CommunityHamil R. Harris

First Baptist Church of Highland Park’s Caravan Takes Issues Directly to Community

Marion Jamison will never forget attending the 1963 March on Washington because “I enjoyed doing that because there was such a meaning inside of me that said this is what you have to do.”

But on Friday, 57 years later, Jamison and her 15-year-old granddaughter decorated the rear window of their car with “Black Lives Matter,” and the names of Freddie Gray, George Floyd, Breonna Taylor and the names of others who have been shot by the police. Their car was part of a caravan the church organized to make people aware of the issues, register to vote and encourage people to register for the census.

“As a young person when I watch the news and I see my peers dying it really hurts because we are supposed to be a country with unity and we are supposed to be free but you can’t be free if you don’t have the same rights as everyone,” said Tabitha Jamison. “I can’t breathe is so powerful because what possesses you to push so hard on someone’s neck until they couldn’t breathe. You have authority to protect, serve and help us but it doesn’t mean to kill us.”

Rev. Henry P. Davis, pastor of the First Baptist Church of Highland Park, said, “World events have brought us to this point from the anniversary of Dr. King’s dream and you realize that after 57 years you still have African Americans living a nightmare.

“I am glad that you have so many professional athletes who are saying that we are not going to entertain while on the flip side we are looking at all of the pain in the street,” Davis said. “How is it that we can see a man gunned down, shot seven times in the back and you can have a 17-year-old white boy who can walk with a gun and hold his hands in the air with no sense of concern.”

Instead of simply protesting, the members of First Baptist Church of Highland Park organized a carpool that went throughout the neighborhood to register people to vote. Davis said when church organizers did their homework, they learned the depth of the election problem.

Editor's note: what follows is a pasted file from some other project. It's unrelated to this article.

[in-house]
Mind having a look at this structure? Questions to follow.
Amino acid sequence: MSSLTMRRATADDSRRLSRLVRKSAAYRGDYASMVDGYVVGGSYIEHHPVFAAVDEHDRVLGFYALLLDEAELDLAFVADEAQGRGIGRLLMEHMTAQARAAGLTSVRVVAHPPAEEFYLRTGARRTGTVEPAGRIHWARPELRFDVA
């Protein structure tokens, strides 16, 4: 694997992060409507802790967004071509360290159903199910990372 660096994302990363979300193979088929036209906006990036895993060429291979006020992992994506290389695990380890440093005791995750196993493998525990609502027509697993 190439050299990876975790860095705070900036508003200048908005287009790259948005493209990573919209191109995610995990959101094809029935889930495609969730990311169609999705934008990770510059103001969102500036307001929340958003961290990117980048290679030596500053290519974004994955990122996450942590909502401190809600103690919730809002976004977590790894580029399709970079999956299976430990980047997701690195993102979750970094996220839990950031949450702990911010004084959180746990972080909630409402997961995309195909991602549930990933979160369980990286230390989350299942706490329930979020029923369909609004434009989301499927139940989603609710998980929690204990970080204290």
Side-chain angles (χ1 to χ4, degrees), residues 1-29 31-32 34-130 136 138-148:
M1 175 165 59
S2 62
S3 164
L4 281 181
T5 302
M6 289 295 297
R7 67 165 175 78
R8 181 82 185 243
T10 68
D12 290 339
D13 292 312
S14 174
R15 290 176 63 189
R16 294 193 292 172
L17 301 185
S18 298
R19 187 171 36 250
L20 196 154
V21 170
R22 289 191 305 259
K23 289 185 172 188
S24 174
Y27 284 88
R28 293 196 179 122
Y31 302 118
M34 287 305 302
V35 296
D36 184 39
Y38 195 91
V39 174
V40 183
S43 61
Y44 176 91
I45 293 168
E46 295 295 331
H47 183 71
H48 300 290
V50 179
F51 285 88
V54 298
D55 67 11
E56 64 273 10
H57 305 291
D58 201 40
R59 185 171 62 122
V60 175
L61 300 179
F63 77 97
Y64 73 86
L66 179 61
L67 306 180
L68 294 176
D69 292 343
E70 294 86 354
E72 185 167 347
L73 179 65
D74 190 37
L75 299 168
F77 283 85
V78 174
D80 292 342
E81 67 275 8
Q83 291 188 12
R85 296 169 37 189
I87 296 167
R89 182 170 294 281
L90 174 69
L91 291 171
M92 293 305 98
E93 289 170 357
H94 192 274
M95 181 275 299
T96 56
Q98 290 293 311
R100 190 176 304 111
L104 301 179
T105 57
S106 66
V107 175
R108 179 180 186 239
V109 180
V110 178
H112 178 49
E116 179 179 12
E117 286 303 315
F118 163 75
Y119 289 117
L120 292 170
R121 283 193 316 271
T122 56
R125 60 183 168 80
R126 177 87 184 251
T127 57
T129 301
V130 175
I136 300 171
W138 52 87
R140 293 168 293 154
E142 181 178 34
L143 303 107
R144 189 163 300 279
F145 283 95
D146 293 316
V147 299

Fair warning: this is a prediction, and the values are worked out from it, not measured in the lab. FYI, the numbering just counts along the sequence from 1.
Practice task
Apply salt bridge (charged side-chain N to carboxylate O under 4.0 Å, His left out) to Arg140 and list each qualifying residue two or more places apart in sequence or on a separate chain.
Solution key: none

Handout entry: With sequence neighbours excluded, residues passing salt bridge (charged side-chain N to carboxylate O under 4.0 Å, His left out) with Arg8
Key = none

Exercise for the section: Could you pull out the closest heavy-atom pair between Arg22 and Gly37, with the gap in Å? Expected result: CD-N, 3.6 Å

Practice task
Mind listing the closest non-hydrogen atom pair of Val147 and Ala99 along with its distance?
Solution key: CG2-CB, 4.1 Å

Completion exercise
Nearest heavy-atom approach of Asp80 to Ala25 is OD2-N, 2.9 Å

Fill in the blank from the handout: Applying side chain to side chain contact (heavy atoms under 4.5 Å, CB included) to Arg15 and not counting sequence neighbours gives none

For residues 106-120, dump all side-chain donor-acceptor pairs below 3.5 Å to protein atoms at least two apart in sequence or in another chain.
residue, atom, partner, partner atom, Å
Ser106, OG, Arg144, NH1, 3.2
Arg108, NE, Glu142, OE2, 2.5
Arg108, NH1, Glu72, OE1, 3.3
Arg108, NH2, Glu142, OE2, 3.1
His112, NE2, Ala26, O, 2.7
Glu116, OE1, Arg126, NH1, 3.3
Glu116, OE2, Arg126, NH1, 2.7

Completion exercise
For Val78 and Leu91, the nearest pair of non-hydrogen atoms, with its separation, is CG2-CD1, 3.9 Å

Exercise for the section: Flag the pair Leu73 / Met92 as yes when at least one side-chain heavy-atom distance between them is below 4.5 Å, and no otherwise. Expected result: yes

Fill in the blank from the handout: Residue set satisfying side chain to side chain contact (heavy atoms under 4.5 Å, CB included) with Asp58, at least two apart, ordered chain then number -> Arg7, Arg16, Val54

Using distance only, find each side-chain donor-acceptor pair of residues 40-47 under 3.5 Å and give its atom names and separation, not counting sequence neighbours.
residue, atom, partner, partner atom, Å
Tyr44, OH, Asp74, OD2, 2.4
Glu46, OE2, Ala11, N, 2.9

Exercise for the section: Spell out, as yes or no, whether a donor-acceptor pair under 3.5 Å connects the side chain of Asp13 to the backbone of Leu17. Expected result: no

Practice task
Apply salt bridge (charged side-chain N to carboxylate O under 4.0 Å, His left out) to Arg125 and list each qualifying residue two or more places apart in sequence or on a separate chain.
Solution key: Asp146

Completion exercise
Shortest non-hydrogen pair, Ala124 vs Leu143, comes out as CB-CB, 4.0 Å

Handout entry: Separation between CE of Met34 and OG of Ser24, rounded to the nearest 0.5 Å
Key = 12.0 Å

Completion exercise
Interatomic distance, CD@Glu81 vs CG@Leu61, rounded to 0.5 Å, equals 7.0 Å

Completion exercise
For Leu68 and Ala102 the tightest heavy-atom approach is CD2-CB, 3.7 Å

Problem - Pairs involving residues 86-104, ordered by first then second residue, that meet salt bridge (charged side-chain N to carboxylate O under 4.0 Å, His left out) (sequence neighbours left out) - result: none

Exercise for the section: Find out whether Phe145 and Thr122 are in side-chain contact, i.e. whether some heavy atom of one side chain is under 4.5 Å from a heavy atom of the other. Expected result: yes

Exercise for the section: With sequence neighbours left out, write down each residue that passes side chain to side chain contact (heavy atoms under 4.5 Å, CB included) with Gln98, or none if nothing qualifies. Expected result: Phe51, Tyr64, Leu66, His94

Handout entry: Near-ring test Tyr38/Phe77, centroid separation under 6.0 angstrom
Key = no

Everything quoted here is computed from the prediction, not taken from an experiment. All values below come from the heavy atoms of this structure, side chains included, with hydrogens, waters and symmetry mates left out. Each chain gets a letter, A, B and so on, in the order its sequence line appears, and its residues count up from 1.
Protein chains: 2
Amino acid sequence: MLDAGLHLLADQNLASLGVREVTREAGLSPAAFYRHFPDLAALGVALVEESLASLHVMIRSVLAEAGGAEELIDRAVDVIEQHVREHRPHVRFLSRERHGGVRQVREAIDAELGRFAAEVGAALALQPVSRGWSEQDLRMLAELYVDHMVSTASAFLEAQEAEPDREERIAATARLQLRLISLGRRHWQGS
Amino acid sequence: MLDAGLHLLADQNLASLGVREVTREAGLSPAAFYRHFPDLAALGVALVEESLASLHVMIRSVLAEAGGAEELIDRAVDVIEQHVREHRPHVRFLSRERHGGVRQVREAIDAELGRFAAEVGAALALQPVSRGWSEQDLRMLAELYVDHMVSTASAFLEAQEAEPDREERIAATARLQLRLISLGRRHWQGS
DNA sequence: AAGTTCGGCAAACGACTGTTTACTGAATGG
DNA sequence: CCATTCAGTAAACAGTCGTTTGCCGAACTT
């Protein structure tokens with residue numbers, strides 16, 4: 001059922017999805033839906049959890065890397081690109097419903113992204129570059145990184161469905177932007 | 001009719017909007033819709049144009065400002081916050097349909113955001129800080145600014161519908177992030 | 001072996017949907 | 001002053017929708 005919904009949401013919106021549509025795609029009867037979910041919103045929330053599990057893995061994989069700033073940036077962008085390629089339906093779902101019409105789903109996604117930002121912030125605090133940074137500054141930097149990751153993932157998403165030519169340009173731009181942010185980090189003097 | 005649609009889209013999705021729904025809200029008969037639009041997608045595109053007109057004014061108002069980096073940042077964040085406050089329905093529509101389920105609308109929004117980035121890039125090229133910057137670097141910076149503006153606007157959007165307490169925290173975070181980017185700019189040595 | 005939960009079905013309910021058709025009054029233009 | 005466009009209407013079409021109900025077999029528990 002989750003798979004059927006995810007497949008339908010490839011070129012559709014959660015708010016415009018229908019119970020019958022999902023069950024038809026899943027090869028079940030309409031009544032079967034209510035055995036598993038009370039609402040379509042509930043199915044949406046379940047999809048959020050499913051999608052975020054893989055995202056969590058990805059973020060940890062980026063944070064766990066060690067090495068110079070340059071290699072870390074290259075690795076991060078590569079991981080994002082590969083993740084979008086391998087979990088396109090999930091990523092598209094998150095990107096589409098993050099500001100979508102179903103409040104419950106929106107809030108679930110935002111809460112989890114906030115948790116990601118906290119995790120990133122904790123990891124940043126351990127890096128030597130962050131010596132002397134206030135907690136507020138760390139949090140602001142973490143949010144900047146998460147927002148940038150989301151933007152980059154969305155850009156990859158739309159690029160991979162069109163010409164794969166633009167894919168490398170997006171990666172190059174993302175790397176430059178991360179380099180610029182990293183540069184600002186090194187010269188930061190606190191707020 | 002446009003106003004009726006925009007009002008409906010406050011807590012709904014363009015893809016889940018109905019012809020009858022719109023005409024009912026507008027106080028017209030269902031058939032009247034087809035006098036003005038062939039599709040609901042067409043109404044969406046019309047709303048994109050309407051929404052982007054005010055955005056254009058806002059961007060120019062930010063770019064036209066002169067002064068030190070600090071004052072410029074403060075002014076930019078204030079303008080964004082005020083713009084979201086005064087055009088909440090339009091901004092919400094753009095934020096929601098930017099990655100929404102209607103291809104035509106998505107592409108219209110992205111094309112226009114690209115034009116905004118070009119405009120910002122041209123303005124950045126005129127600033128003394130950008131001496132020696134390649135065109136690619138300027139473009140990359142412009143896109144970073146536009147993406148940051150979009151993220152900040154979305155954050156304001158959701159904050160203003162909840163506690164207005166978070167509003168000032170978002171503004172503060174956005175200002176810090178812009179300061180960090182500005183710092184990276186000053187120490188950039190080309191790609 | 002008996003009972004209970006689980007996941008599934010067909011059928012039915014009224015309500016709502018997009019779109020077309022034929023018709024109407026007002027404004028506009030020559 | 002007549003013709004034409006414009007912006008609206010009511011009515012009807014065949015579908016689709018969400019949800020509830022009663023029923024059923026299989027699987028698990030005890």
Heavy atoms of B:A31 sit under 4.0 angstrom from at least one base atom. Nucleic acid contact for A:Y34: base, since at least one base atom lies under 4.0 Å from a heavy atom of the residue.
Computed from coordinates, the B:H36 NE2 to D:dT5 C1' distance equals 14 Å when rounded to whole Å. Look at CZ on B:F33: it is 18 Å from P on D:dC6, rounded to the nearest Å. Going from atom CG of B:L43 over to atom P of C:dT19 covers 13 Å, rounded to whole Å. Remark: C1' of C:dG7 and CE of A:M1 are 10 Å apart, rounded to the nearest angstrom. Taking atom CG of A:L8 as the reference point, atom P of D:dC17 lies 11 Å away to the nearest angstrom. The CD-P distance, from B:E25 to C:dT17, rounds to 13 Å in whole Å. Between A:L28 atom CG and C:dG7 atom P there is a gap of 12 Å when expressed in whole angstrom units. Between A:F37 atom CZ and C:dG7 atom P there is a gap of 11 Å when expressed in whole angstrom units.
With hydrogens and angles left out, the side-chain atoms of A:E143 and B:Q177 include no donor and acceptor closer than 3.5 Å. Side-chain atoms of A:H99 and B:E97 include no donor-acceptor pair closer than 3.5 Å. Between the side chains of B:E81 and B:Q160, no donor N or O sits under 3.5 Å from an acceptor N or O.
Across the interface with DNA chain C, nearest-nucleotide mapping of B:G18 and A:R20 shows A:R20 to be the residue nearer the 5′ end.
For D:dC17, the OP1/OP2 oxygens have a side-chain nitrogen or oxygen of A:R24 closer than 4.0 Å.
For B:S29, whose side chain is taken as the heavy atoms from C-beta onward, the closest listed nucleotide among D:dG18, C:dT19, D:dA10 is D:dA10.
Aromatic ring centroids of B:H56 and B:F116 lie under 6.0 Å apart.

“We are going to take our car caravan to a specific community because we learned that only 30 percent of the people voted in the last election. Those kinds of things have to change,” Davis said. “We have to bridge the gap from dreams to reality.”

Rev. Rachel Boyd, social justice minister at First Baptist Church of Highland Park, said, “Rev. Sharpton and the National Action Network [were] downtown celebrating the 57th anniversary of the March on Washington. Our effort is to make sure that people are informed of the issues and the options and to excite some sense of urgency regarding these matters and to allow everyone to play some role in making a change.”

Todd Coogan, regional census manager for Maryland, said that the U.S. Census Bureau is in the phase of the census, which takes place every decade, of going house to house. “We have to try reach people the best way that we can through the month of September.”

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Hamil R. Harris

Hamil Harris is an award-winning journalist who worked at the Washington Post from 1992 to 2016. During his tenure he wrote hundreds of stories about the people, government and faith communities in the Greater Washington Area. Hamil has chronicled the Million Man March, the Clinton White House, the September 11 attack, the sniper attacks, Hurricane Katrina, the campaign of President Barack Obama and many other people and events. Hamil is currently a multi-platform reporter on the Local Desk of the Washington Post where he writes a range of stories, shoots photos and produces videos for the print and online editions of the Post. In addition, he is often called upon to report on crime, natural disasters and other breaking issues. In 2006 Harris was part of a team of reporters that published the series “Being a Black Man.” He was also the reporter on the video project that accompanied the series that won two Emmy Awards, the Casey Medal and the Peabody Award. Hamil has lectured at Georgetown University, George Washington University, Howard University, the American University, the University of Maryland and the University of the District of Columbia. He also lectures several times a year to interns during their semester in the District as part of their matriculation at the Consortium of Christian Colleges and Universities.

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